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Everything Changes

The more messed up this world gets, the more God makes sense.

'They were taken too early'

Saturday, June 28, 2008

Susan Clairmont
The Hamilton Spectator

(Jun 28, 2008)

It was to be their summer vacation.

The three sisters were beyond excited. Talked of nothing else. Swimming. Sunshine. Special time with mommy and daddy.

The giggling girls and their doting parents set out for Myrtle Beach, S.C., from their Hamilton Mountain home before dawn Thursday. Fourteen hours later, Virginia State Police were pulling them from the wreckage of their SUV on a slick stretch of I-77.

Bill Smith, 33, was dead. So too Sandra, 35. And little Kaylee, seven.

Madison, nine, was airlifted to hospital. She is in critical condition. Jenna, three, went by land ambulance. She is in fair condition.

A family decimated.

These were parents who lived for their daughters. Bragged about them, talked of them -- enjoyed them -- every chance they could.

State troopers in Wythe County say the family was in a 2005 Dodge Durango hauling a 35-foot trailer. Collision experts believe something went wrong with the trailer, causing Bill -- an HSR bus driver -- to lose control. At 7 p.m. Thursday the SUV crossed the median into northbound traffic and struck a tractor trailer head-on.

The investigation is continuing.

While police say a storm had come and gone, one witness says it was still raining at the time.

"It was raining and I was watching in my rear view mirror to see how far back the semi was," writes Andy Duplay on a Virginia radio station's website.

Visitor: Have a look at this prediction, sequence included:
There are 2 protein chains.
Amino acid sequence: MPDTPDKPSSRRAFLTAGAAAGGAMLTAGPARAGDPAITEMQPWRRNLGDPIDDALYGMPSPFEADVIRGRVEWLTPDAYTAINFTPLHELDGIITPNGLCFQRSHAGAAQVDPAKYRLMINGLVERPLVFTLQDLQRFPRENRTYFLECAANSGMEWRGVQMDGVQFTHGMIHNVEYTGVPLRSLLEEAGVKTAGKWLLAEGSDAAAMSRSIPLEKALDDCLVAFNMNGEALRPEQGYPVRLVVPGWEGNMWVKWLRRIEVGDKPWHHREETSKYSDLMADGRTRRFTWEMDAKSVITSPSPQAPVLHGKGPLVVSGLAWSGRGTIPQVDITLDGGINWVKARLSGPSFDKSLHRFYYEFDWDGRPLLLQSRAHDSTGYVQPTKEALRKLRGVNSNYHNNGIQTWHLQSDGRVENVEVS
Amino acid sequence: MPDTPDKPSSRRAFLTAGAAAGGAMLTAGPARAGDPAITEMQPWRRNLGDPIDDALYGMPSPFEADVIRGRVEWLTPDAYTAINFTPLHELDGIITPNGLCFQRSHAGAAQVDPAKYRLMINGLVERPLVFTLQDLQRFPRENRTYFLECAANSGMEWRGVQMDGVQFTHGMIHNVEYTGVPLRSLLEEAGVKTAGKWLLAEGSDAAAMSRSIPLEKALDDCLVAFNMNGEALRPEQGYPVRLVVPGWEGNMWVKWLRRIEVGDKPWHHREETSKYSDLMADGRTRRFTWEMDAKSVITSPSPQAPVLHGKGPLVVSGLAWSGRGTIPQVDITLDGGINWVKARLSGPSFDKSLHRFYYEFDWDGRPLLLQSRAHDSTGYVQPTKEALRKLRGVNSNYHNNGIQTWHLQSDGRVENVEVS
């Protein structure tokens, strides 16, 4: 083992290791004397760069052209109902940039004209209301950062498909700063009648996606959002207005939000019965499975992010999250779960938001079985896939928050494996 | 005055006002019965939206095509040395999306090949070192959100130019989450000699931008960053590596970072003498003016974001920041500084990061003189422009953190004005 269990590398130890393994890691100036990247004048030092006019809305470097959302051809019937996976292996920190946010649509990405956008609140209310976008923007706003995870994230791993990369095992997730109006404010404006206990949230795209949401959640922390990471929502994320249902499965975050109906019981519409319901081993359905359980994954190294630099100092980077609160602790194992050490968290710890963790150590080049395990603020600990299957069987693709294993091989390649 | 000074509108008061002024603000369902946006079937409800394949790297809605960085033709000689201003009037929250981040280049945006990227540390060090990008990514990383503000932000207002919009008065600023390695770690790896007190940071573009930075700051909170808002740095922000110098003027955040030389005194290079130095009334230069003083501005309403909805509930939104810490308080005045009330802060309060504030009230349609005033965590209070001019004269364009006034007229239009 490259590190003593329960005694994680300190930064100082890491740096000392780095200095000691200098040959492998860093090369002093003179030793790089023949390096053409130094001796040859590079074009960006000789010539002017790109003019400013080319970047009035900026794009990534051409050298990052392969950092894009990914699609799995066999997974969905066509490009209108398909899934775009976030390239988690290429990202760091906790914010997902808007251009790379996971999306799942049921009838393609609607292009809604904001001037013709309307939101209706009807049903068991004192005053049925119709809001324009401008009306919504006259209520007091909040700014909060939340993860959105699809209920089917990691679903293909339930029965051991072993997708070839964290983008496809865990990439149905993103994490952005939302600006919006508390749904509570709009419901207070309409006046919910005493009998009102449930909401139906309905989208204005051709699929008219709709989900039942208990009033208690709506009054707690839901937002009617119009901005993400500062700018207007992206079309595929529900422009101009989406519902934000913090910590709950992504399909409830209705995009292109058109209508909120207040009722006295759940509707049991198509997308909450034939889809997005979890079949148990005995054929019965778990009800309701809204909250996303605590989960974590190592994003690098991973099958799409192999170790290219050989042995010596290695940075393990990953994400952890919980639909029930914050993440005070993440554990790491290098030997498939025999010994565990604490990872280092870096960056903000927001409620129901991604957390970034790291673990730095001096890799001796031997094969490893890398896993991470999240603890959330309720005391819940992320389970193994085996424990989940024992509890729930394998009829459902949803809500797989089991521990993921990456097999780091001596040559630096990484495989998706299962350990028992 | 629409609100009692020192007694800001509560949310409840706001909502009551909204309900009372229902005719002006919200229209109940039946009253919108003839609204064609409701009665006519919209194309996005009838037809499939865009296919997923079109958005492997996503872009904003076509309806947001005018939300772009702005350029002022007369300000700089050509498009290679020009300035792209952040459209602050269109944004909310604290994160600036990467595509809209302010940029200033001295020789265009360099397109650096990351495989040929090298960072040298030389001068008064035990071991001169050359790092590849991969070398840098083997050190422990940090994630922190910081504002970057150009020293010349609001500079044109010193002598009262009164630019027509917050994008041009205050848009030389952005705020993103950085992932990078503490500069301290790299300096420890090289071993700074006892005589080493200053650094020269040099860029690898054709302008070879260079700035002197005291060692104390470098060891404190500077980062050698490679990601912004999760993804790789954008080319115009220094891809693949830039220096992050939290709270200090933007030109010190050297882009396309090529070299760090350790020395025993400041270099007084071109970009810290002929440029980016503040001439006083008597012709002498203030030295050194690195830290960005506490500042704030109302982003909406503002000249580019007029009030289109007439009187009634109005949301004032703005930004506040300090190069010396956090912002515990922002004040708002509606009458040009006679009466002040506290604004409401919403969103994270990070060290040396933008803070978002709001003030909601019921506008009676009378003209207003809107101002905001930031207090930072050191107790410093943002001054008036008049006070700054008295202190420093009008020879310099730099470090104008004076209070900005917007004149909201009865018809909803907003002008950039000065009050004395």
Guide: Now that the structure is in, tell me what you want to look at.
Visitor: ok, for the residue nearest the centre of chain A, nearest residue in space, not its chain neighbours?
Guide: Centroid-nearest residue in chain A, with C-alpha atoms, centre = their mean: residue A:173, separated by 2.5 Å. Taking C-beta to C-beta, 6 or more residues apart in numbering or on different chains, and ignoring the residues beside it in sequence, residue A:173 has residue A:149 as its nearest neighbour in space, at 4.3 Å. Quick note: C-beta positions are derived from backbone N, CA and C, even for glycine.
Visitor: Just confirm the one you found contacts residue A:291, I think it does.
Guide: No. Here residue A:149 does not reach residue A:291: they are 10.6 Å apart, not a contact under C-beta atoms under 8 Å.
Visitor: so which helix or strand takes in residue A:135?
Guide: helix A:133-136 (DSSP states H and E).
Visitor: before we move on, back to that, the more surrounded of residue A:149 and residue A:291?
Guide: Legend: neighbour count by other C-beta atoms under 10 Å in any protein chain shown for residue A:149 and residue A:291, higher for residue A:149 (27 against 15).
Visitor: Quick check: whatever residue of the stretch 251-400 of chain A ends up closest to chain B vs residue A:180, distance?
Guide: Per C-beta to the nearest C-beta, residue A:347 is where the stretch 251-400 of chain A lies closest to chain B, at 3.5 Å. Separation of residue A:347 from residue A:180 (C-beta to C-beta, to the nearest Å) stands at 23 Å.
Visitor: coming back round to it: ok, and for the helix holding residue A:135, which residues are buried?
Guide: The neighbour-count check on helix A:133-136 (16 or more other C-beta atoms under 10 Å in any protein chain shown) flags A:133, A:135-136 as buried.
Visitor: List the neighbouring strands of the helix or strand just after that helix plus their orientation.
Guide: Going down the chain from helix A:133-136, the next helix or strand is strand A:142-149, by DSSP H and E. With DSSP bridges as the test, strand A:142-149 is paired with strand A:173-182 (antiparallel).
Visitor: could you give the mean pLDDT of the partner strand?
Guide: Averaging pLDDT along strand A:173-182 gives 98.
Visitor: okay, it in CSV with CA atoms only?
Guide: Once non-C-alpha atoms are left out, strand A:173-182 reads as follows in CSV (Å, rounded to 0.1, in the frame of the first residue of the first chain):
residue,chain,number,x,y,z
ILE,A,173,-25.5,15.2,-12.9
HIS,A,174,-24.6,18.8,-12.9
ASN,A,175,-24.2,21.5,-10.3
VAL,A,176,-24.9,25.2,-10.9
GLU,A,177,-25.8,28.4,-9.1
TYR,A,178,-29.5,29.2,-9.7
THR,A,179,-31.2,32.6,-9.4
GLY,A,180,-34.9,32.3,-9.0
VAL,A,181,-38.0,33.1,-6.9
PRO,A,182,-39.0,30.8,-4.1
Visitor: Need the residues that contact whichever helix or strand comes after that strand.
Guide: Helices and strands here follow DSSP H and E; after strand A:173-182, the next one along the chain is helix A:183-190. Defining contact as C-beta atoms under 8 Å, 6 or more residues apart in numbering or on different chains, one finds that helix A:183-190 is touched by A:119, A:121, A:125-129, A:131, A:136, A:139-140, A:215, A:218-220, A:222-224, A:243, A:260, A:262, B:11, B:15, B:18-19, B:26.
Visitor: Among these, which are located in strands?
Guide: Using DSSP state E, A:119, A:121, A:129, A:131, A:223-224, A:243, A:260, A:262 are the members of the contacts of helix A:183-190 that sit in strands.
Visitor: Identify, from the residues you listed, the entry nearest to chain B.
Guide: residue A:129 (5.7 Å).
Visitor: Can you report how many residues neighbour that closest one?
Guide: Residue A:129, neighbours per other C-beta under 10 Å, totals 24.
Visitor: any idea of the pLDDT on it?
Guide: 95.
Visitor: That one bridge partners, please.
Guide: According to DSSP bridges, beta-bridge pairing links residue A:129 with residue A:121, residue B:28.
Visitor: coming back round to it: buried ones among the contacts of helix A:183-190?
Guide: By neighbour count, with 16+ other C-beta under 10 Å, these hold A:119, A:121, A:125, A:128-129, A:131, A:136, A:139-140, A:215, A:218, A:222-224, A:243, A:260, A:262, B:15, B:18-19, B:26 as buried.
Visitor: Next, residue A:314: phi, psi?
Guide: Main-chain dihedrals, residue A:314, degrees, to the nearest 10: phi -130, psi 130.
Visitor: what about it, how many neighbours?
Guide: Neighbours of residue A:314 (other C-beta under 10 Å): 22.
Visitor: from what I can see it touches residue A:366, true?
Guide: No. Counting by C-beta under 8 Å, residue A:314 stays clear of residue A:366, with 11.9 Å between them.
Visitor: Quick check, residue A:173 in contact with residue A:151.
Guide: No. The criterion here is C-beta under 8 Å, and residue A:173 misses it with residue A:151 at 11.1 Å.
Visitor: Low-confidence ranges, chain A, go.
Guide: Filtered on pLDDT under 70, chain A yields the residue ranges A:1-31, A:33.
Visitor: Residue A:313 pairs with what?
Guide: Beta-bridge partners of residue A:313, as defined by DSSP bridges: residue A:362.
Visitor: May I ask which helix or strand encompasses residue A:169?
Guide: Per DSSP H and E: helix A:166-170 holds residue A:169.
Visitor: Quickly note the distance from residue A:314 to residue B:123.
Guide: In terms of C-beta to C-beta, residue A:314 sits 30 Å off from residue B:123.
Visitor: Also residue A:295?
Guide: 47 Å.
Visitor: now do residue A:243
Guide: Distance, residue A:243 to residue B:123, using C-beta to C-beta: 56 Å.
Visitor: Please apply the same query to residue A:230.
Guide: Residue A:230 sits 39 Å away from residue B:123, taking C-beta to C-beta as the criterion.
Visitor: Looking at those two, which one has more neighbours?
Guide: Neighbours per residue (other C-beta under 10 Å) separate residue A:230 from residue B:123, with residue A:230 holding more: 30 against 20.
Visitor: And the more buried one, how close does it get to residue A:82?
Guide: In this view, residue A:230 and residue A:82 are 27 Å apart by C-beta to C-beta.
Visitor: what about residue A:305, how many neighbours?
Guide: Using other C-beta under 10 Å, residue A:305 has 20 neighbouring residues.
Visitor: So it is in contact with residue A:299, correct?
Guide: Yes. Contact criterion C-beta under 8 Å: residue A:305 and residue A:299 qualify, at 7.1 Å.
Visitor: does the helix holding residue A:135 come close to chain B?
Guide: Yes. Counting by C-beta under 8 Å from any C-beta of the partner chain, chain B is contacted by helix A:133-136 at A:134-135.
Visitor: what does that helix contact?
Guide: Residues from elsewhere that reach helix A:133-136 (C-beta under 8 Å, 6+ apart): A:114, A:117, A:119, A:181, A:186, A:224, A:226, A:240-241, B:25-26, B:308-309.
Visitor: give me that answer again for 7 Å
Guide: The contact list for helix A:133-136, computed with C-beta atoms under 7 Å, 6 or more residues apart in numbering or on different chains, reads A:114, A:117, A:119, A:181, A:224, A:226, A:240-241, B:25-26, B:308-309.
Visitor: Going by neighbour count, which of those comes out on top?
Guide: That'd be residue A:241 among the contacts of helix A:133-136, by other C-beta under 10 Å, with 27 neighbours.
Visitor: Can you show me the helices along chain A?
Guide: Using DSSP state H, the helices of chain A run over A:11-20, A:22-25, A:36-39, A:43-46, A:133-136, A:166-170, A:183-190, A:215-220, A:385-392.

"Then out of the corner of my eye I saw the SUV pulling a 5th wheel camper lose control. It was storming and it was almost as if the camper may have been hit with a cross wind. It flew across the median strip. Literally airborne. I watched this all in my mirror as the semi driver had no chance and hit the vehicle broadside. It was almost as if the vehicle and camper vaporized. I was shaken ... I was also the first to call 911."

The truck driver received minor injuries.

The surviving children are at Wake Forest University Baptist Medical Center in North Carolina. After being notified of the crash yesterday by Hamilton police, Sandra's parents and a brother left Hamilton for Wake Forest hospital. Another brother lives in Dundas. Bill has a father in Hamilton who has Alzheimer's.

The two-storey Smith home on East 11th Street had its porch light on yesterday afternoon. Children's sidewalk chalk lay out front. Inside, the cat was waiting for its family to come home.

Next door, Edith Mann nearly collapses at the news.

"Is it true?" she sobs.

Rumours had been circulating, but they were unbelievable.

Edith is the girls' adopted grandma. They bring her food when she is ill. Shout her name when they want her to watch out the window. On Edith's coffee table is Jenna's artwork. A toddler's rainbow.

Kaylee is the tallest.

"She was a little stinker," Edith says lovingly.

"Any time you'd tell her not to do something, she'd do it. She was always go, go, go."

Madison is "the quiet one." Jenna stays home all day with her daddy, who works in the evening after Sandra came home from her job at Turkstra Lumber.

The older girls finished school Wednesday and Bill got the Durango back from the garage where it was undergoing some sort of repairs, says Edith. The Smiths planned to make a straight run for Myrtle Beach, "just stopping off to have something to eat." They planned to be gone a few weeks.

Edith got up at 4:30 a.m. to say goodbye. She stood at her front window -- the one Bill playfully lobs snowballs at to make Edith laugh -- and watched as the three children jumped about and were loaded into the Durango.

"I opened the window and I was listening to the girls giggling ... I'm yelling out the window 'Have a wonderful time,' and Bill said 'We'll be phoning you.' They always phoned me wherever they went."

Transit union president Budh Dhillon got the news late in the day yesterday. He was devastated. He knew Bill well and had met the whole family.

"This is very tragic," he says emotionally.

"Bill was a jolly fellow and an outspoken member at the union meetings."

Bill had been a city bus driver for about five years.

Above all, he was a proud family man, says Dhillon.